Now does the film have problems? Well, yeah. The characters are a little snippy at each other (though they do get sweeter as the film progresses), Bailey the beluga’s echolocation problem gets solved almost immediately for the sake of the plot (and it doesn’t make sense for him to end up in the coral reef, since belugas live in the arctic) and Gerald (the sea lion that is clearly coded to be intellectually disabled) is treated very meanly. I’m not sure why they felt the need to make this character a punchline. I’m just glad he (sort of) gets revenge on his bullies later on, but still. I want a short where Gerald is shown in a better light.

Overall, though? Finding Dory is fantastic, and it certainly deserves the hype it gets.

Finding Nemo is an Ocean of Disability Representation

Since Finding Dory is coming out next week, I decided to rewatch Finding Nemo to prepare myself for the hype.

It still holds up remarkably well as a movie. It’s totally engrossing and you get invested in the world and the emotion. But the thing that really strikes me about this film is that it’s one of the few animated films (and, well, films in general) almost abundant in disability  representation.

You have Nemo with his malformed arm, Dory’s short term memory loss (and possible other issues), Marlin’s anxiety/paranoia, and the fish in Nemo’s tank have a lot of their own problems (one fish is scarred, another has an extreme fear of germs, one is super attached to bubbles and is implied to have gone nuts from all those years of captivity, and another is convinced her reflection is her sister).

Now, whether or not any of this is GOOD representation depends on the viewer. With the exception of Gil (the scarred fish), the fish with their own issues are played more for humour, so that can be offensive. Nemo isn’t an entirely well developed character, so some people may either see him as empowering or generic inspiration porn.

I do think the individual representation of Marlin and Dory is pretty good. As someone who does have anxiety, Marlin is pretty accurate and relatable, and it makes sense given his traumatic event. And of course Dory is a great character in her own right, and I’m glad she’s getting her own movie.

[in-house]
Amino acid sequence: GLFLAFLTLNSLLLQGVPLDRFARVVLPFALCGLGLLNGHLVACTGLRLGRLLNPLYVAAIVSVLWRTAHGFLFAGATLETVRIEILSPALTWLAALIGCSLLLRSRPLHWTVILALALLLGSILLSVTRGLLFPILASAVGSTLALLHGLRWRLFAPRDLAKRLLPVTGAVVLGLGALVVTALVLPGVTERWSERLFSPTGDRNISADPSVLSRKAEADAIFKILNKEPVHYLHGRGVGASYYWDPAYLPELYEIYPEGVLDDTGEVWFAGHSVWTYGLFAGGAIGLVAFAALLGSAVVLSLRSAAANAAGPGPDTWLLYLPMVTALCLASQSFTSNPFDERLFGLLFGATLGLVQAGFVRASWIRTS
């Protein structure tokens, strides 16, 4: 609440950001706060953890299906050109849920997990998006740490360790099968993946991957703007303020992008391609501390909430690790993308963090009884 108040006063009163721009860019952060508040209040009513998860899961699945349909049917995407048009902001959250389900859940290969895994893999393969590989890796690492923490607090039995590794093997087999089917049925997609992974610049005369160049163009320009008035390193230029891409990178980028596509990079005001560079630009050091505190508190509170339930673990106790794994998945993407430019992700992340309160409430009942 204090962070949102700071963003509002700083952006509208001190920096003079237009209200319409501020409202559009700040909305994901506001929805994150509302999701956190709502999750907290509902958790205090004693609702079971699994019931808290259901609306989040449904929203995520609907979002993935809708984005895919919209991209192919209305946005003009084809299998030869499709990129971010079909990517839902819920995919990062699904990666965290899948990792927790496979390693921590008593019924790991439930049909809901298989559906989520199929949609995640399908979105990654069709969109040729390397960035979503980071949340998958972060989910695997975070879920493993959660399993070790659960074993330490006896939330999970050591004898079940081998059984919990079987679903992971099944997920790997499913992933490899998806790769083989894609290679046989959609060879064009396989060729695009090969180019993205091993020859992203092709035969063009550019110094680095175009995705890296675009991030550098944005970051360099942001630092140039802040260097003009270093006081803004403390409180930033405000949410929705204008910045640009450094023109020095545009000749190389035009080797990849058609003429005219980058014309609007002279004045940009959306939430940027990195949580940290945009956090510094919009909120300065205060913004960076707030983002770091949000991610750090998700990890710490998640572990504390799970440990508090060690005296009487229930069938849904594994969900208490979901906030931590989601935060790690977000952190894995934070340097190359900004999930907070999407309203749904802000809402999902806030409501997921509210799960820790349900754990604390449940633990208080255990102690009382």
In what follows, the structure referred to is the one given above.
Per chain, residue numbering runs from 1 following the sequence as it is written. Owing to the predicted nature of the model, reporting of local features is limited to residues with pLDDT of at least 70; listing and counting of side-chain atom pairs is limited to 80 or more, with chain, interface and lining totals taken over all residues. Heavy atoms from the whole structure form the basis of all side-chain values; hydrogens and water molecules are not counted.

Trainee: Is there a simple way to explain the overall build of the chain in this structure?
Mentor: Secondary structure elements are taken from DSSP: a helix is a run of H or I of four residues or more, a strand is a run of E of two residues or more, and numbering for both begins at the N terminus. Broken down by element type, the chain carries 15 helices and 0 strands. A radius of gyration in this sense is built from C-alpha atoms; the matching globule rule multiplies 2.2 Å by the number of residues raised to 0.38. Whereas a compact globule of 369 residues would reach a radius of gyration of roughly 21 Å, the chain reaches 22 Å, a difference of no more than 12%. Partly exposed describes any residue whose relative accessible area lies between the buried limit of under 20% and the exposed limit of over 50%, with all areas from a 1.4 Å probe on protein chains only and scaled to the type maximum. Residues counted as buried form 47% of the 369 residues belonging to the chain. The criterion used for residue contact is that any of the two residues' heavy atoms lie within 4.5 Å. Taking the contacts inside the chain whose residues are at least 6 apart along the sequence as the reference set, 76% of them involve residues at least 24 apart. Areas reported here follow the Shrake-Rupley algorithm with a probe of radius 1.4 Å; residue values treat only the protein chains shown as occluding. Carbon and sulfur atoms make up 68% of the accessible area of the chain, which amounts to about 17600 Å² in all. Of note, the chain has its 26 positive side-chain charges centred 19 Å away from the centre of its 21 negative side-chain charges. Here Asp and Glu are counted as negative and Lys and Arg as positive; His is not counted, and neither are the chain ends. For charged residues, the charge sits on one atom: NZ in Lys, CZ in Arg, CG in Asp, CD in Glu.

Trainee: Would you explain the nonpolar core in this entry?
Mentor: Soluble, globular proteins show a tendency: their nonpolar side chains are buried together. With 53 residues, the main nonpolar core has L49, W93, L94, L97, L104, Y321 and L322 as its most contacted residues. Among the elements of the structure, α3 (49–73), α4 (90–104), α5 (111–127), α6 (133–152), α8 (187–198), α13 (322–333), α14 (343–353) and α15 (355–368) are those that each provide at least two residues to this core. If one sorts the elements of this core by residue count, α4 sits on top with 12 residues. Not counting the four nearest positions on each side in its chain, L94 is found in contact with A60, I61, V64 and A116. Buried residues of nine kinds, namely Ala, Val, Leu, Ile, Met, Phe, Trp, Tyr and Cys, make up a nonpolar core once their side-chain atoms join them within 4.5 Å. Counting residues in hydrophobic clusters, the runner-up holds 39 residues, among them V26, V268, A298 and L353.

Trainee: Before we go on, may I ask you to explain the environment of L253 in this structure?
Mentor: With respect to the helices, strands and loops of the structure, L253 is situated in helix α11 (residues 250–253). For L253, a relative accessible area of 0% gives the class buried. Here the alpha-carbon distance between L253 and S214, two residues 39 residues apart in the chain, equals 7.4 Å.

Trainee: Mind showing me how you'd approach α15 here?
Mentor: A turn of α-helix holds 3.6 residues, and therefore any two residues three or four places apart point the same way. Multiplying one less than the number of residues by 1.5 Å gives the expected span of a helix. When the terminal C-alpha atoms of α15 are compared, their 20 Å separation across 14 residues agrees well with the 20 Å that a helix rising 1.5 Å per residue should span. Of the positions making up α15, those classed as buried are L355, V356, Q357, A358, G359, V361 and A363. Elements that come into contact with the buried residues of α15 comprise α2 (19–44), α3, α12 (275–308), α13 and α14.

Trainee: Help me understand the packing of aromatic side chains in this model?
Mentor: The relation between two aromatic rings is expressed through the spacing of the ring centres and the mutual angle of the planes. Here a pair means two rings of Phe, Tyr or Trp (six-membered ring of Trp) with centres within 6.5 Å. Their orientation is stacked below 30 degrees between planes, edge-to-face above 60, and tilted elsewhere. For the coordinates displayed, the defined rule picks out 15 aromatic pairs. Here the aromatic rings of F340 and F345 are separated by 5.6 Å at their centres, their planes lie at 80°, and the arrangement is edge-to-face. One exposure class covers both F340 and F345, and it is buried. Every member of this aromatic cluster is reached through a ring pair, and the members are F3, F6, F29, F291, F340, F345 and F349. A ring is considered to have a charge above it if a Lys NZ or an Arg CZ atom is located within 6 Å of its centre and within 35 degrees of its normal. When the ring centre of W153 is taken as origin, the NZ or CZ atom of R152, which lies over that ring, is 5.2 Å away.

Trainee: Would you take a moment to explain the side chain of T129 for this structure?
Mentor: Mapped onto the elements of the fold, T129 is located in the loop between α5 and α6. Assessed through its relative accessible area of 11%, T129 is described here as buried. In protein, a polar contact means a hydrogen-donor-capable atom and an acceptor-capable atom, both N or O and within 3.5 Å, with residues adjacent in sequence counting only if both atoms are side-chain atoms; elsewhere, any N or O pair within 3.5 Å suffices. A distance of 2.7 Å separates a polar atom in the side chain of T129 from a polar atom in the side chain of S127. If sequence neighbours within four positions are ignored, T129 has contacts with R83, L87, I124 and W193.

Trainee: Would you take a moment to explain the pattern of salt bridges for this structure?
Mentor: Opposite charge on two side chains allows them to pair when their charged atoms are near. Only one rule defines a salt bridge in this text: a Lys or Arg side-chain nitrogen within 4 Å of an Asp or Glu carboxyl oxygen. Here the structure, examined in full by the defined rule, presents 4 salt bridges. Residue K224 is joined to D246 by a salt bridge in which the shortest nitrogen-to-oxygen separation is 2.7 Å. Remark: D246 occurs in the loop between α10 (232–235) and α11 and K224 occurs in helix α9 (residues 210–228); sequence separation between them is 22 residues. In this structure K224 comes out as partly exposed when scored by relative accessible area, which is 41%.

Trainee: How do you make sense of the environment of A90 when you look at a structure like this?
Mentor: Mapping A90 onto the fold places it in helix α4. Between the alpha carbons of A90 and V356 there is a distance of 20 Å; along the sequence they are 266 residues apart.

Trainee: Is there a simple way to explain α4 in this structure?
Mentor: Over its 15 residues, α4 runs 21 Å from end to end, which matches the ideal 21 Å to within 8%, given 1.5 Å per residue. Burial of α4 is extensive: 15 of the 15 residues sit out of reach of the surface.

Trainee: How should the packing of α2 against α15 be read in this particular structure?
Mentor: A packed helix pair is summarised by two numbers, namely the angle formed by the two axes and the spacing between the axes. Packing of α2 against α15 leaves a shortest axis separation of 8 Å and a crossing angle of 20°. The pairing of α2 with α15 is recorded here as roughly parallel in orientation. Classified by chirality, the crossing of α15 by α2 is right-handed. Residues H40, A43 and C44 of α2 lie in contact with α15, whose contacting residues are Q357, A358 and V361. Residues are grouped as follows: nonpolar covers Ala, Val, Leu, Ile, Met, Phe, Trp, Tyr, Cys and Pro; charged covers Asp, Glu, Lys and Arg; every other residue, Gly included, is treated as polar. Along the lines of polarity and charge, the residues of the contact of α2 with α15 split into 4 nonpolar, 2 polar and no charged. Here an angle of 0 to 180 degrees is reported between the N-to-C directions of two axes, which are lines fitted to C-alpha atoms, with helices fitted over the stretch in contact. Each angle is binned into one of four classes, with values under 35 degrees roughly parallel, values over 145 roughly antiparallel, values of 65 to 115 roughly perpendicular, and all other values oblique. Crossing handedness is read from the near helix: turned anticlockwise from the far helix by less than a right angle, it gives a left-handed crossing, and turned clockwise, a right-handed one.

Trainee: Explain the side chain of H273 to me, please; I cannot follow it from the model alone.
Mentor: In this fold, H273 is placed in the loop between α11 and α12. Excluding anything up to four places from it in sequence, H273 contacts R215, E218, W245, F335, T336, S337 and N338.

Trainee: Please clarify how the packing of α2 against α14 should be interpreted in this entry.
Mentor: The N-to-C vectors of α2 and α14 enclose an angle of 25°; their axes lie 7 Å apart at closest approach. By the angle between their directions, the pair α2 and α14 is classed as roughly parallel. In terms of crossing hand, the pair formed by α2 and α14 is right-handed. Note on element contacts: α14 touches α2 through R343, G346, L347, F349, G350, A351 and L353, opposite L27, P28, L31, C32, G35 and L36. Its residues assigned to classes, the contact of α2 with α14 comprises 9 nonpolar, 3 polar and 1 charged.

That said, I wasn’t entirely invested in their relationship. A lot of the time Marlin was rather rude and condescending to Dory, and at some points treated her like a child (you know, a common form of ableism). He wasn’t gentle or patient with her for most of the movie, and that kind of took me out of their relationship. Also Marlin’s casual ableism towards his son at the beginning (the typical ‘oh he can’t do it because he’s disabled’) made me cringe. I’m glad he learned better, but still, it makes me wish that the movie focused more on Nemo and Dory and less on Marlin learning “oh wait, maybe I SHOULDN’T be so ableist!”

Still, this is one of the few movies where disabled characters (both in the physical and mental departments) actually exist and aren’t totally demonized, and that’s pretty major. It’s still kind of sad that people are more sympathetic towards disabled fish characters than they are to disabled human characters. The use of animals instead of humans makes me worry that while some parents of disabled children will look at the movie and realize that their children are capable, others will go “wow, that was a great movie” and continue to treat their children like crap.

Well, I’m certainly interested in how Finding Dory will continue this at any rate. But I really wish we can start seeing more disability representation in more Pixar films (and film in general, but especially Pixar, since they’re capable of telling great stories but seem to limit who they tell them with).